Here’s another one for the non-.NET category. I’ve been involved in both sides of the interview process recently. I previously outlined the types of questions I ask if I’m in the interviewer seat, but what about about when I’m the interviewee? Asking the right questions as an interviewee is just as important (if not more important) than asking the right questions as the interviewer. The position you are interviewing for is going to play a major role in your life. You need to find out now if it isn’t a good fit for you. Here are some of the questions I like to ask.
Can you tell me about the sort of person you’re looking for?
This is probably the most important question you can ask, as it’s going to tell you what qualities and skills the interviewer values most. Pay very close attention to the answer. Are they looking for skills or qualities that you yourself don’t value? If so, steer clear.
Can you tell me about the rest of the team I’ll be working with? How long have they been with the company?
If everyone on the team has only been there a few months, it may be a sign that the project is burning through talent. Be sure to dig in and find out if anyone has left recently and why.
What does your technology stack look like?
What versions of .NET are they using? What versions of SQL Server? Are they using ASP.NET MVC or ASP.NET WebForms? Are they committed to staying current and upgrading to new releases? While you might think “Eh, it’s ok, .NET 2.0 isn’t all that different from 4.0,” be wary. Working with out of date technologies is going to lower your net-worth in the future and make it more challenging for you to stay current within the industry.
What does your development process look like?
Are they practicing agile? Have they implemented scrum? Who decides priorities, and more importantly, how are disagreements over priorities resolved? Unless you enjoy working in chaos, they should be able to describe some sort of process that they use to manage work. If not, I’d recommend passing.
How much overtime do you typically work, and what’s the most overtime you’ve worked in the last year?
Ask the developers what their typical work week looks like. Unfortunately overtime is quite common in our industry. You’re unlikely to find a position where there won’t be the occasional long week, but avoid places that answer with “We hope to someday become a 40-45 hour shop.” (Sadly that’s an actual quote I once heard during an interview.) You want to find somewhere that respects personal time and is committed to providing a sustainable pace for the development team. These places aren’t really the norm, but they are out there.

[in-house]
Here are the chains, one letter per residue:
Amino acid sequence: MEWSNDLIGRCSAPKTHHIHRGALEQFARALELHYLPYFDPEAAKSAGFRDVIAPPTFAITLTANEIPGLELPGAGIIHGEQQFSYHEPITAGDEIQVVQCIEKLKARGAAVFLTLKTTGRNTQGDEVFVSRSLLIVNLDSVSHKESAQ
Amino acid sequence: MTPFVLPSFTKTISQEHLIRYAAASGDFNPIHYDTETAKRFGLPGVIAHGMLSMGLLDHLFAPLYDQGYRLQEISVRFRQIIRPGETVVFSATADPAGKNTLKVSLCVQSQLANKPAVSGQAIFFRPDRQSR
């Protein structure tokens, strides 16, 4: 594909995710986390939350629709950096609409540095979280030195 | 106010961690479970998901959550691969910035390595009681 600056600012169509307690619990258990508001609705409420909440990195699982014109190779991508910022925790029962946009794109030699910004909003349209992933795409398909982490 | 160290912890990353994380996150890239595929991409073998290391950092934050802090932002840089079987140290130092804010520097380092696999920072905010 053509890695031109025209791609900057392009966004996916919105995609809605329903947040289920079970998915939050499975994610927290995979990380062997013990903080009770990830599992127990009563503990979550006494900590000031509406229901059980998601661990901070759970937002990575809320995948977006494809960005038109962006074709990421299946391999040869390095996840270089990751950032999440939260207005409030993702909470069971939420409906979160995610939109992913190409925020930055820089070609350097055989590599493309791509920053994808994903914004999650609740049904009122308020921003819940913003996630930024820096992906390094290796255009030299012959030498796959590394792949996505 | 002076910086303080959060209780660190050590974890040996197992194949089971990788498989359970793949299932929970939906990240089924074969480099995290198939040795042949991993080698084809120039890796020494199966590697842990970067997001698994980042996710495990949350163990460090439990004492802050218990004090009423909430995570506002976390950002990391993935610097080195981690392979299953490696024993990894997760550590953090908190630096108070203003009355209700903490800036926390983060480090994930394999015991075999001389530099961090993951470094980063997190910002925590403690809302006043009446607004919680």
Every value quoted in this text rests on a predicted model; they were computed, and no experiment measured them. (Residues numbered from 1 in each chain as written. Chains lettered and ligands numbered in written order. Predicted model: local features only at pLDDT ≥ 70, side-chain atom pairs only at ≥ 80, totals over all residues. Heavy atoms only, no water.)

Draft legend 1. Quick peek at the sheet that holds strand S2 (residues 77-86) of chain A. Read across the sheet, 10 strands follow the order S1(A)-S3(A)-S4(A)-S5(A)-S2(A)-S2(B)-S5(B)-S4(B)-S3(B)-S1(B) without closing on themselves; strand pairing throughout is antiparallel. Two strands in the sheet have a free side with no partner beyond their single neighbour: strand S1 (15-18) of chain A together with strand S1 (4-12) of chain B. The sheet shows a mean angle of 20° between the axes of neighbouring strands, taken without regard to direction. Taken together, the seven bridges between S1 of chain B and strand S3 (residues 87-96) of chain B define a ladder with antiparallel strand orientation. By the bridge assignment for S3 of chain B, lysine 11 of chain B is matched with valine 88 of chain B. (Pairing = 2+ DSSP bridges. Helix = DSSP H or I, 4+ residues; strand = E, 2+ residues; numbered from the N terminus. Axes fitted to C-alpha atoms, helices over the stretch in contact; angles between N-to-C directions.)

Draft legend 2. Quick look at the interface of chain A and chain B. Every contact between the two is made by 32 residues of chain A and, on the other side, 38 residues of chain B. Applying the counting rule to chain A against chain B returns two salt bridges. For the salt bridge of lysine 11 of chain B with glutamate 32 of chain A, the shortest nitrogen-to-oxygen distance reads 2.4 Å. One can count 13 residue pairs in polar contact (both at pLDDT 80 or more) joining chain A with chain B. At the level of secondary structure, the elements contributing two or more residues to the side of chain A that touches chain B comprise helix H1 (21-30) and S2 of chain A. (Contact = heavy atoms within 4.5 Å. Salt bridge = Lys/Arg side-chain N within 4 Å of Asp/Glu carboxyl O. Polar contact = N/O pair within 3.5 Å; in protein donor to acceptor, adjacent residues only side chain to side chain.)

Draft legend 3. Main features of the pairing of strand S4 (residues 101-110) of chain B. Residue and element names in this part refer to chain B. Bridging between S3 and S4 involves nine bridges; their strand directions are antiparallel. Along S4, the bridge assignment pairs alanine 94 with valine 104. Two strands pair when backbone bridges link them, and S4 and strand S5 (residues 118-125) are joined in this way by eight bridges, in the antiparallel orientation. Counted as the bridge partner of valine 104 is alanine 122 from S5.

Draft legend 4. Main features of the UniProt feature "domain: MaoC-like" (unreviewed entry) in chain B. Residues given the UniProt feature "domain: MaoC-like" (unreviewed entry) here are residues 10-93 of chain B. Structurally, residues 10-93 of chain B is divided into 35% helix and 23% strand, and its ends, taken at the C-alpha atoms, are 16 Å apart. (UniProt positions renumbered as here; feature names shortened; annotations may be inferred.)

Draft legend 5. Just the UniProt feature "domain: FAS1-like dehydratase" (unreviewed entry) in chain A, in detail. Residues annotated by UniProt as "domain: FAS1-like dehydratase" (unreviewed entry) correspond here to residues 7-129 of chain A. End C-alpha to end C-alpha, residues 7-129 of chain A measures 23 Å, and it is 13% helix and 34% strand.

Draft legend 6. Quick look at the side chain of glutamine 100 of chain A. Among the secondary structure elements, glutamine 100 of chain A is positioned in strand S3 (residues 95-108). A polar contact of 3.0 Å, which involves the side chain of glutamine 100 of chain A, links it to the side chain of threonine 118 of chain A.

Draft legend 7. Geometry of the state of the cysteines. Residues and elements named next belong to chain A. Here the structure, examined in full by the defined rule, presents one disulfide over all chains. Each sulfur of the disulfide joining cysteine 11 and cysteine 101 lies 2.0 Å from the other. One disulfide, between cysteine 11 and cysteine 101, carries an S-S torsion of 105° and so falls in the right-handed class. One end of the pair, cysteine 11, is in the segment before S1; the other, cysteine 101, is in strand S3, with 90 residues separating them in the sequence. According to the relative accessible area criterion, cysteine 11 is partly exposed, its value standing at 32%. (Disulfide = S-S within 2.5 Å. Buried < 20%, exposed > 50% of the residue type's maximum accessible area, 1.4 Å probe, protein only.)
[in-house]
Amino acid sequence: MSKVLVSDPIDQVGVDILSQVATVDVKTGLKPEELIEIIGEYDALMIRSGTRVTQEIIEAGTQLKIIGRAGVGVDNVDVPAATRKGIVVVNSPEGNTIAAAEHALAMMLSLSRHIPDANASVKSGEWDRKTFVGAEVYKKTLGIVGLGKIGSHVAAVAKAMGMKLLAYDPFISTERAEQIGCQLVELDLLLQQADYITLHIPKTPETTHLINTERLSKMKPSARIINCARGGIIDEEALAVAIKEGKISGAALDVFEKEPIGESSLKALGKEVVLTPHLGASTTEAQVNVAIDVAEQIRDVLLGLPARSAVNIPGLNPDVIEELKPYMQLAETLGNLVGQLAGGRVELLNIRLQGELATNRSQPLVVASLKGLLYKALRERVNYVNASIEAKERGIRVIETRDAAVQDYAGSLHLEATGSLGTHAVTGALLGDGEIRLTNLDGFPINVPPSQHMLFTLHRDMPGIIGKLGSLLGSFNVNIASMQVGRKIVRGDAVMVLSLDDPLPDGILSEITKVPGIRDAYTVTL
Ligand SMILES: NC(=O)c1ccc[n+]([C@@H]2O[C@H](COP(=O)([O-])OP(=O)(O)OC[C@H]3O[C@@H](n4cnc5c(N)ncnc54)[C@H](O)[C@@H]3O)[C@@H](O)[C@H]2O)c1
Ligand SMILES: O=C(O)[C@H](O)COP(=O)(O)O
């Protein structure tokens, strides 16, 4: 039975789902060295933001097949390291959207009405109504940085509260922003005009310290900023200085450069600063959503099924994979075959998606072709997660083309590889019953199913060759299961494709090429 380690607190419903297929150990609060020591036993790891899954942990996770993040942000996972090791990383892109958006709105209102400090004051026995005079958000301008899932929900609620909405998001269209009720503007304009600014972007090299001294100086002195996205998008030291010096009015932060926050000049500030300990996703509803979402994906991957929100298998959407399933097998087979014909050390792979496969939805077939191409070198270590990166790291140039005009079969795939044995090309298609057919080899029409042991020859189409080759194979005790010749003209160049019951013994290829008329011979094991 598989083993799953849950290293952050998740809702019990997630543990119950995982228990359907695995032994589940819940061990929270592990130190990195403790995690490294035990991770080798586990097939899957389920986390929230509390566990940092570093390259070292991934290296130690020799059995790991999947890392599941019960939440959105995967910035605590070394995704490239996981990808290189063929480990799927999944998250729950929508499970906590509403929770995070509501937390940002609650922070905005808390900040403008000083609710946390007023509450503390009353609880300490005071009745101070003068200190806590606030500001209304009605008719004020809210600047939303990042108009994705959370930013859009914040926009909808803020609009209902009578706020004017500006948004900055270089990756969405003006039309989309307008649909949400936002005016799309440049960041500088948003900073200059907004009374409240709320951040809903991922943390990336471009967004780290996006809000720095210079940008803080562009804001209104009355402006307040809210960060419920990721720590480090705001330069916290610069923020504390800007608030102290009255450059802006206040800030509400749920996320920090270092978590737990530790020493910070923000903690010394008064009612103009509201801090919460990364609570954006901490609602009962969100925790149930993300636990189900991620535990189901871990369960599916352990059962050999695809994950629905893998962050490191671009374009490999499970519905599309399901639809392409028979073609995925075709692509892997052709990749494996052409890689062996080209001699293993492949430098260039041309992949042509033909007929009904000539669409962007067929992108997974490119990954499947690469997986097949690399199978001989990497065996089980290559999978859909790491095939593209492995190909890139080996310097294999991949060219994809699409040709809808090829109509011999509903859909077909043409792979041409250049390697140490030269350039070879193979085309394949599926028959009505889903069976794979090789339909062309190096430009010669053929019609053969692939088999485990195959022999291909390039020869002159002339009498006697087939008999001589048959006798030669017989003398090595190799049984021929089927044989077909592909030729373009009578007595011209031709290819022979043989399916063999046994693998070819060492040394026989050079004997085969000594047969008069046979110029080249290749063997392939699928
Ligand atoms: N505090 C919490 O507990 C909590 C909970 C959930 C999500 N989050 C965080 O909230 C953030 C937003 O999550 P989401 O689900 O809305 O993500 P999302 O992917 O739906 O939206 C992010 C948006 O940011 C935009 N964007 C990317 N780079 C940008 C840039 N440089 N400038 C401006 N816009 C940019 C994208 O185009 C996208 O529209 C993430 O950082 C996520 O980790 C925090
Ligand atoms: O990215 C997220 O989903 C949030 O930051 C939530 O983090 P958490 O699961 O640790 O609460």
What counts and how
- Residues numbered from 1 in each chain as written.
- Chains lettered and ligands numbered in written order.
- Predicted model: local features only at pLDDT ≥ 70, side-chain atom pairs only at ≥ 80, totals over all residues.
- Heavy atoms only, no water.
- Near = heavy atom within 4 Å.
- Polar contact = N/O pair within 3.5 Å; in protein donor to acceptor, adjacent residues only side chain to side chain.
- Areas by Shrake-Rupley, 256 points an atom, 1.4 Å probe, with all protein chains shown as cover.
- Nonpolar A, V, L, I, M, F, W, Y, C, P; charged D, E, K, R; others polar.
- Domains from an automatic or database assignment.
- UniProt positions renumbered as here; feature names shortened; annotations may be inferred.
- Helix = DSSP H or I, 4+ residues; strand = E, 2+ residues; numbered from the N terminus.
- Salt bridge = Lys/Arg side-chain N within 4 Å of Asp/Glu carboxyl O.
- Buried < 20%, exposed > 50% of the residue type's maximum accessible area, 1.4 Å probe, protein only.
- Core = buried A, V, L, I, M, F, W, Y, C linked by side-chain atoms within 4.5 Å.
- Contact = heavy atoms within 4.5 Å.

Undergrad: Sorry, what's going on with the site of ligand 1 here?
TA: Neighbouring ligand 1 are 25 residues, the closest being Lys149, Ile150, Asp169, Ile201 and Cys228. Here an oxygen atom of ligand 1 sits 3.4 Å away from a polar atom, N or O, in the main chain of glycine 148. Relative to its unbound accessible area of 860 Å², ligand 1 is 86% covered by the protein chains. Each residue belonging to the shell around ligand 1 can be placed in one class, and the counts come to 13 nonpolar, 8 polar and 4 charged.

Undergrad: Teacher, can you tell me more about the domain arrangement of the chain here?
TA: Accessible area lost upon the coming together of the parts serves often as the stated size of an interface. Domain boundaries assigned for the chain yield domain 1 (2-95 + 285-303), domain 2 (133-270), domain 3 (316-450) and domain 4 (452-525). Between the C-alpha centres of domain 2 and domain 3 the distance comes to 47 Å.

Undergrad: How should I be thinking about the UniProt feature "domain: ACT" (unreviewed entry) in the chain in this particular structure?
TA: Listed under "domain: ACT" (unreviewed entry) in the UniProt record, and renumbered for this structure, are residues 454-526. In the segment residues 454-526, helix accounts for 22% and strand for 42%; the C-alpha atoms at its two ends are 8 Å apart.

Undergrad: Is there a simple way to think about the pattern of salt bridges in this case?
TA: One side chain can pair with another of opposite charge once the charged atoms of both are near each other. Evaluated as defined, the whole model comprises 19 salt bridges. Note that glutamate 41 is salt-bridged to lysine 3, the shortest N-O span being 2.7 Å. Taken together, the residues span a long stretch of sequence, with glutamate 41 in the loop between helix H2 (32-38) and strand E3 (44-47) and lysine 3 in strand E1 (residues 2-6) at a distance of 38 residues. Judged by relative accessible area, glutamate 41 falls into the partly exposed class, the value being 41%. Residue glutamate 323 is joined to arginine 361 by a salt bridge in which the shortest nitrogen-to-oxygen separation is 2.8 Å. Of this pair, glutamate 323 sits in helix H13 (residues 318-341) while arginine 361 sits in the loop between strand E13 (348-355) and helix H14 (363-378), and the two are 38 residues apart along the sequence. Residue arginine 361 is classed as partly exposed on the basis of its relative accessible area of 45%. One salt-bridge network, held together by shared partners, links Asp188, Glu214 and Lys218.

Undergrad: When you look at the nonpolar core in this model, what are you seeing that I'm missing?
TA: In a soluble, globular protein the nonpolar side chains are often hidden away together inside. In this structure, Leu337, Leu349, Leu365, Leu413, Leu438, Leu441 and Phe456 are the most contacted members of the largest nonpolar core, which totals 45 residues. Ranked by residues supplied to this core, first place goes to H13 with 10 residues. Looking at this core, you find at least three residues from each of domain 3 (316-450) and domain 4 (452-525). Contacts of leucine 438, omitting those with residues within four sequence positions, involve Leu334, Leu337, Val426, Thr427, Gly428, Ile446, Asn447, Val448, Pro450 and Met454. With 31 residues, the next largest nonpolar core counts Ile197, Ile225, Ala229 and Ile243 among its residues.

What sort of hardware are developers provided with?
Again, you’re going to be spending a big portion of your life working here. You want to be sure you’re going to have decent hardware. Software development is stressful and challenging enough without having to fight crappy hardware. An important follow-up question to ask: how often are developers provided with upgraded hardware? I’ve heard tales of places that give developers new top-of-the-line workstations every 6 months, and I’ve been at places where you have to fight for an upgrade after 4 years. Which place would you rather work at?
What does a typical day look like?
Ask at at least one developer on the team to describe what a typical day for them looks like. Your life is probably going to be somewhat similar to theirs, eventually. Are they spending most of their time doing things you don’t enjoy? Do you hear hints of frustrations as they describe performing different aspects of their job? Dig in and ask follow-up questions to anything that makes you uncomfortable.
Those are a few of the big ones I always ask. I’m sure I’m forgetting other great questions that I should be asking as well. What questions do you ask when you’re being interviewed for a position?